The patient appeared to be of normal height and weight for his age, with a medium built and stature. No associated anomalies of limbs were present. Facial examination revealed a deformed pinna of the right side and a unilateral facial scar on the right cheek as shown in [Figure 1]. There was also swelling of the face on the malar region on the right side approximately 5 × 5 cm extending from the ala of the nose on the right side to a perpendicular dropped from the outer canthus mediolaterally and from the infraorbital rim to border of the upper supero-inferiorly as shown in [Figure 2]. Crepitus was elicited upon palpation of the maxillary vestibule. A straw colored aspirate was obtained as shown in [Figure 3]. A histochemical analysis of the aspirate was done, which revealed a protein content of 9.8 g%. An incisional biopsy was performed which was suggestive of a cystic lesion. The tissue was stained with a routine hematoxylin and eosin stain. The stained section showed the presence of an epithelial lined cystic cavity and connective tissue. The cystic epithelium was nonkeratinized in nature. It resembled reduced enamel epithelium and was 2-3 cells in thickness with the absence of rete peg formation. There were occasional areas of chronic inflammatory cells in the connective tissue and in these areas the lining epithelium was thickened.
|Figure 1: Deformed pinna and the Tessier's number 7 cleft on the right cheek|
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A diagnosis of a dentigerous cyst was made based upon the histological features. A paranasal sinus (PNS) view skull and a noncontrast computed tomography (NCCT) of the PNS was obtained as shown in [Figure 4]. A routine hemogram was done and all the values obtained were within normal limits. The NCCT was suggestive of a cystic cavity wholly enclosing the maxillary antrum on the right side, with the maxillary right canine being pushed up to the level of the junction of the infraorbital rim and lateral nasal wall.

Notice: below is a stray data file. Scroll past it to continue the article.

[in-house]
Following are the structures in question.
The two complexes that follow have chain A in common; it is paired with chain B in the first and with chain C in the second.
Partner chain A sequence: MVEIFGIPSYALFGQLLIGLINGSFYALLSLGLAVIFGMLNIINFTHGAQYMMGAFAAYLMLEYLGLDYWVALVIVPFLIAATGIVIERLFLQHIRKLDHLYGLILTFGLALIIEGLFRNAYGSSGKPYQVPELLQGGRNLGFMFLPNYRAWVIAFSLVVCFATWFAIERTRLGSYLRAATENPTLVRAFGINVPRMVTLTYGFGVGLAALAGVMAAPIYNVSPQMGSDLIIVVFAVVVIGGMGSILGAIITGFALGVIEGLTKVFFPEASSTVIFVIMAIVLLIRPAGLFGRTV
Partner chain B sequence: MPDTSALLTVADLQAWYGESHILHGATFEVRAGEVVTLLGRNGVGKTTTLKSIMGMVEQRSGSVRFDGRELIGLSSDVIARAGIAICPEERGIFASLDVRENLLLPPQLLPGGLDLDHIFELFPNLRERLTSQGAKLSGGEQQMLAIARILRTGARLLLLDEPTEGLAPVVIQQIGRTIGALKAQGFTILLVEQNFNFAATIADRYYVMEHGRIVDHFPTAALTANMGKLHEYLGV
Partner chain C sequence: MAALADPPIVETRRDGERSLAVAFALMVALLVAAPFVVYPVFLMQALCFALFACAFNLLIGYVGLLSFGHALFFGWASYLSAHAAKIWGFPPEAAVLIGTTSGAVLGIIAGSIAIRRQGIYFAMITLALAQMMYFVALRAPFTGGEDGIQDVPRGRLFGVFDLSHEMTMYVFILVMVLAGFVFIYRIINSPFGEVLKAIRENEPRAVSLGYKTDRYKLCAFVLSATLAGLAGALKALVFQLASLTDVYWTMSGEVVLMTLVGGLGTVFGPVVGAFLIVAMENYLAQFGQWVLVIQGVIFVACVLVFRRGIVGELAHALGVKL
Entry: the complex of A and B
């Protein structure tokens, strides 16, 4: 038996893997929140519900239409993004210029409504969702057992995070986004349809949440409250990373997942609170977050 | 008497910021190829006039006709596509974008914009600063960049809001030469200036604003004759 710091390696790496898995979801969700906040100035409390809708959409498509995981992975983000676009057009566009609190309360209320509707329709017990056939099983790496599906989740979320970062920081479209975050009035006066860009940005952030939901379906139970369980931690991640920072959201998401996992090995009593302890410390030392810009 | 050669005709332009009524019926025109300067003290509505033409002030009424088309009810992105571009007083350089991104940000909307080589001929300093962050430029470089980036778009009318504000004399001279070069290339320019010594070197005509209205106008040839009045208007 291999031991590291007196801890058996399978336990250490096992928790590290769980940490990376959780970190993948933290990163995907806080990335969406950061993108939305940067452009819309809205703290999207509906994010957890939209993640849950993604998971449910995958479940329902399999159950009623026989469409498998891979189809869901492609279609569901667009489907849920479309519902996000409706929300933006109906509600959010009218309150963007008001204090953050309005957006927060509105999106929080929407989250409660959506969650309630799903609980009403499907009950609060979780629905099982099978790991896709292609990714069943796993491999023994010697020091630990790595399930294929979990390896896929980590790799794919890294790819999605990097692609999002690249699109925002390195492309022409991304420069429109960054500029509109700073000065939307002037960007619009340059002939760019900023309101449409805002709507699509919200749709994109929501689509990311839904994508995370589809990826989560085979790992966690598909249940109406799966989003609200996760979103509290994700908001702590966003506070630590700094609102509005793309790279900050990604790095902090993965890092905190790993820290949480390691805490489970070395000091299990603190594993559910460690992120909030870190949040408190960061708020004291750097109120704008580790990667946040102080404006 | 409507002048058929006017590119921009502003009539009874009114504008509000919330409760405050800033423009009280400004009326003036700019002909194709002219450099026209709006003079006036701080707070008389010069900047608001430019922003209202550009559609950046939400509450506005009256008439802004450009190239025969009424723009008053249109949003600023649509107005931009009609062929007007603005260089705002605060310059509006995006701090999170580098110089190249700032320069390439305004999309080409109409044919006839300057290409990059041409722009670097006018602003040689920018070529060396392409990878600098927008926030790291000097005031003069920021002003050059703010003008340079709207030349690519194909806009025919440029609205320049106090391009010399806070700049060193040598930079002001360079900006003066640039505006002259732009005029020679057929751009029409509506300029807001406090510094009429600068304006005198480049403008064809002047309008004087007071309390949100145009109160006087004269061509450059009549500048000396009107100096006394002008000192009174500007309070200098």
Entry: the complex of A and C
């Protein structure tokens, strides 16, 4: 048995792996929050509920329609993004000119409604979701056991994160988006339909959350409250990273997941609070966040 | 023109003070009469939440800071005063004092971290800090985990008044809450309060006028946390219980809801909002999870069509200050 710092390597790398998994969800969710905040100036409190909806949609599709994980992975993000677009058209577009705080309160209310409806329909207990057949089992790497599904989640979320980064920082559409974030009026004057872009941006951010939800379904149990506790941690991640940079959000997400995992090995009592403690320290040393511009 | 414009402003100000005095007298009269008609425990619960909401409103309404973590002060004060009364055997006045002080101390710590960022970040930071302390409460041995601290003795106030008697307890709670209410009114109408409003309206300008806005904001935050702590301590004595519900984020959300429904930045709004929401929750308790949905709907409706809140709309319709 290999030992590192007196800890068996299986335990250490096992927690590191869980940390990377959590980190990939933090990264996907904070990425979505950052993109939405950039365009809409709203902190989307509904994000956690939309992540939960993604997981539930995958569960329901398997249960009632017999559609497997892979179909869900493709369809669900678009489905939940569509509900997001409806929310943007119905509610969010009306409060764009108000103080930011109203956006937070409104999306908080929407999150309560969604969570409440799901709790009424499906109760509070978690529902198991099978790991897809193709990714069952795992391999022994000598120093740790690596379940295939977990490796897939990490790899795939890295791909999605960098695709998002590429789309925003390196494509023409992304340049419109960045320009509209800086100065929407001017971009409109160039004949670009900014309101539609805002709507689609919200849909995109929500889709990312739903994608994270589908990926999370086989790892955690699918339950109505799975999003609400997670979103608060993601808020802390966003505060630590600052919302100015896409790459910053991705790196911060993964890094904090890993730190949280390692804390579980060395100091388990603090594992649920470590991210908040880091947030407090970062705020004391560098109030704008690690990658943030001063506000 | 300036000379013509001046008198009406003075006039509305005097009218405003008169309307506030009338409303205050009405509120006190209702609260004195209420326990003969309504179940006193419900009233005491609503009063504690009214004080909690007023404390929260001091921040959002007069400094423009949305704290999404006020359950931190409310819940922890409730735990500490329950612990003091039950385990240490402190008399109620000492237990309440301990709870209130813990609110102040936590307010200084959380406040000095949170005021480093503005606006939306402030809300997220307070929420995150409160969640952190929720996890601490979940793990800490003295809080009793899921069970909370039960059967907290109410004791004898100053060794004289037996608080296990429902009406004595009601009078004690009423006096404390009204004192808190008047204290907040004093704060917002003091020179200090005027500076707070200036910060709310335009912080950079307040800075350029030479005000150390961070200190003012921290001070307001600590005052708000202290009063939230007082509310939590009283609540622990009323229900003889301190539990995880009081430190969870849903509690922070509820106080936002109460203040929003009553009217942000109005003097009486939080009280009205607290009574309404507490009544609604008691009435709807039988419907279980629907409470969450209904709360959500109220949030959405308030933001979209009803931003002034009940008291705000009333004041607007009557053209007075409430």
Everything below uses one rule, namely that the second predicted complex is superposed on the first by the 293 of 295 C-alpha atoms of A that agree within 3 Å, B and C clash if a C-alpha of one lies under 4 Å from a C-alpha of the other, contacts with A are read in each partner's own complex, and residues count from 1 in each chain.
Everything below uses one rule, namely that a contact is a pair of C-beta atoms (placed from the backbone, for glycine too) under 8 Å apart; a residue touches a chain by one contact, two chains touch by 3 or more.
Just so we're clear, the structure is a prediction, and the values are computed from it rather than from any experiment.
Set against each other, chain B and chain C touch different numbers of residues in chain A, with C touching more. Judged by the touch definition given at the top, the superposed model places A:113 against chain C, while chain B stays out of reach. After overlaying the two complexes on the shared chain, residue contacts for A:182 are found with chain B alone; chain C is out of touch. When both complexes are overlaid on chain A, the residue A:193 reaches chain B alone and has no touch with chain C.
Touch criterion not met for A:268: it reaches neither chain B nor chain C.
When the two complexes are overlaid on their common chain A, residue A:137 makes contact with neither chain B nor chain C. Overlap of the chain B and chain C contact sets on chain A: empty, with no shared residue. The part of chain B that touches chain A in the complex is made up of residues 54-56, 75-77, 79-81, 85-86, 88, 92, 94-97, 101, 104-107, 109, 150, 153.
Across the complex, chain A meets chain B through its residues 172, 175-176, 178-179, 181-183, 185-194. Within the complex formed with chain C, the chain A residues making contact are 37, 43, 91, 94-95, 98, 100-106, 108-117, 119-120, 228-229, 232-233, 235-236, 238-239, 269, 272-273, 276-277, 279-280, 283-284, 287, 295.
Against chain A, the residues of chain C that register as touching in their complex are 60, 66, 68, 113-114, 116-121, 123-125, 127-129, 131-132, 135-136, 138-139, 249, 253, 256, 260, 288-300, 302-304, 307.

The patient was taken up for enucleation of the cystic lesion under general anesthesia via an intraoral crevicular incision to raise a triangular flap.
The exposure of the anterolateral wall of the right maxilla revealed a breach in continuity; the same was widened to gain access to the cystic lesion as shown in [Figure 5]. The cyst was enucleated in totality with the associated tooth that is, right maxillary canine as shown in [Figure 6], [Figure 7], [Figure 8]. The maxillary right first premolar was also enucleated due to its close proximity to the lesion. Complete removal of the lesion was ensured and the surgical wound closed.
The patient exhibited satisfactory postoperative recovery and has been placed on a bi-monthly follow-up for the past 6 months, as shown in [Figure 9].
| Discussion|| |
Craniofacial clefts are very rare congenital deformities.  Tessier classified the craniofacial clefts from 0 to 14 in the year 1973.  The cleft number 8 forms the midline/equator. The clefts from number 0 to number 7 of the lower hemisphere represent the facial clefts and the clefts of the upper hemisphere numbered 9 to number 14 are their cranial prolongation.  Tessier type/number 7 cleft that results from the failure of mandibular and maxillary processes of the first branchial arch to fuse properly and form the corners of the mouth, is known as macrostomia, lateral facial cleft, and transverse facial cleft and is an uncommon congenital deformity. ,, Bόtow and Botha in the year 2010 further subdivided Tessier's 7 cleft into four subtypes: (a) T 7.1: Superiorly rotated cleft, which is again divided into categories without bone involvement (7.1a) and with bone involvement (7.1b); (b) T 7.2: For the midline positioned cleft, which is again divided into categories with only soft tissue involvement (T 7.2a) and with both bone and soft tissue involvement (7.2b); (c) T 7.3: Inferiorly rotated cleft; (d) T 7.4: This included the a genetic lateral facial cleft.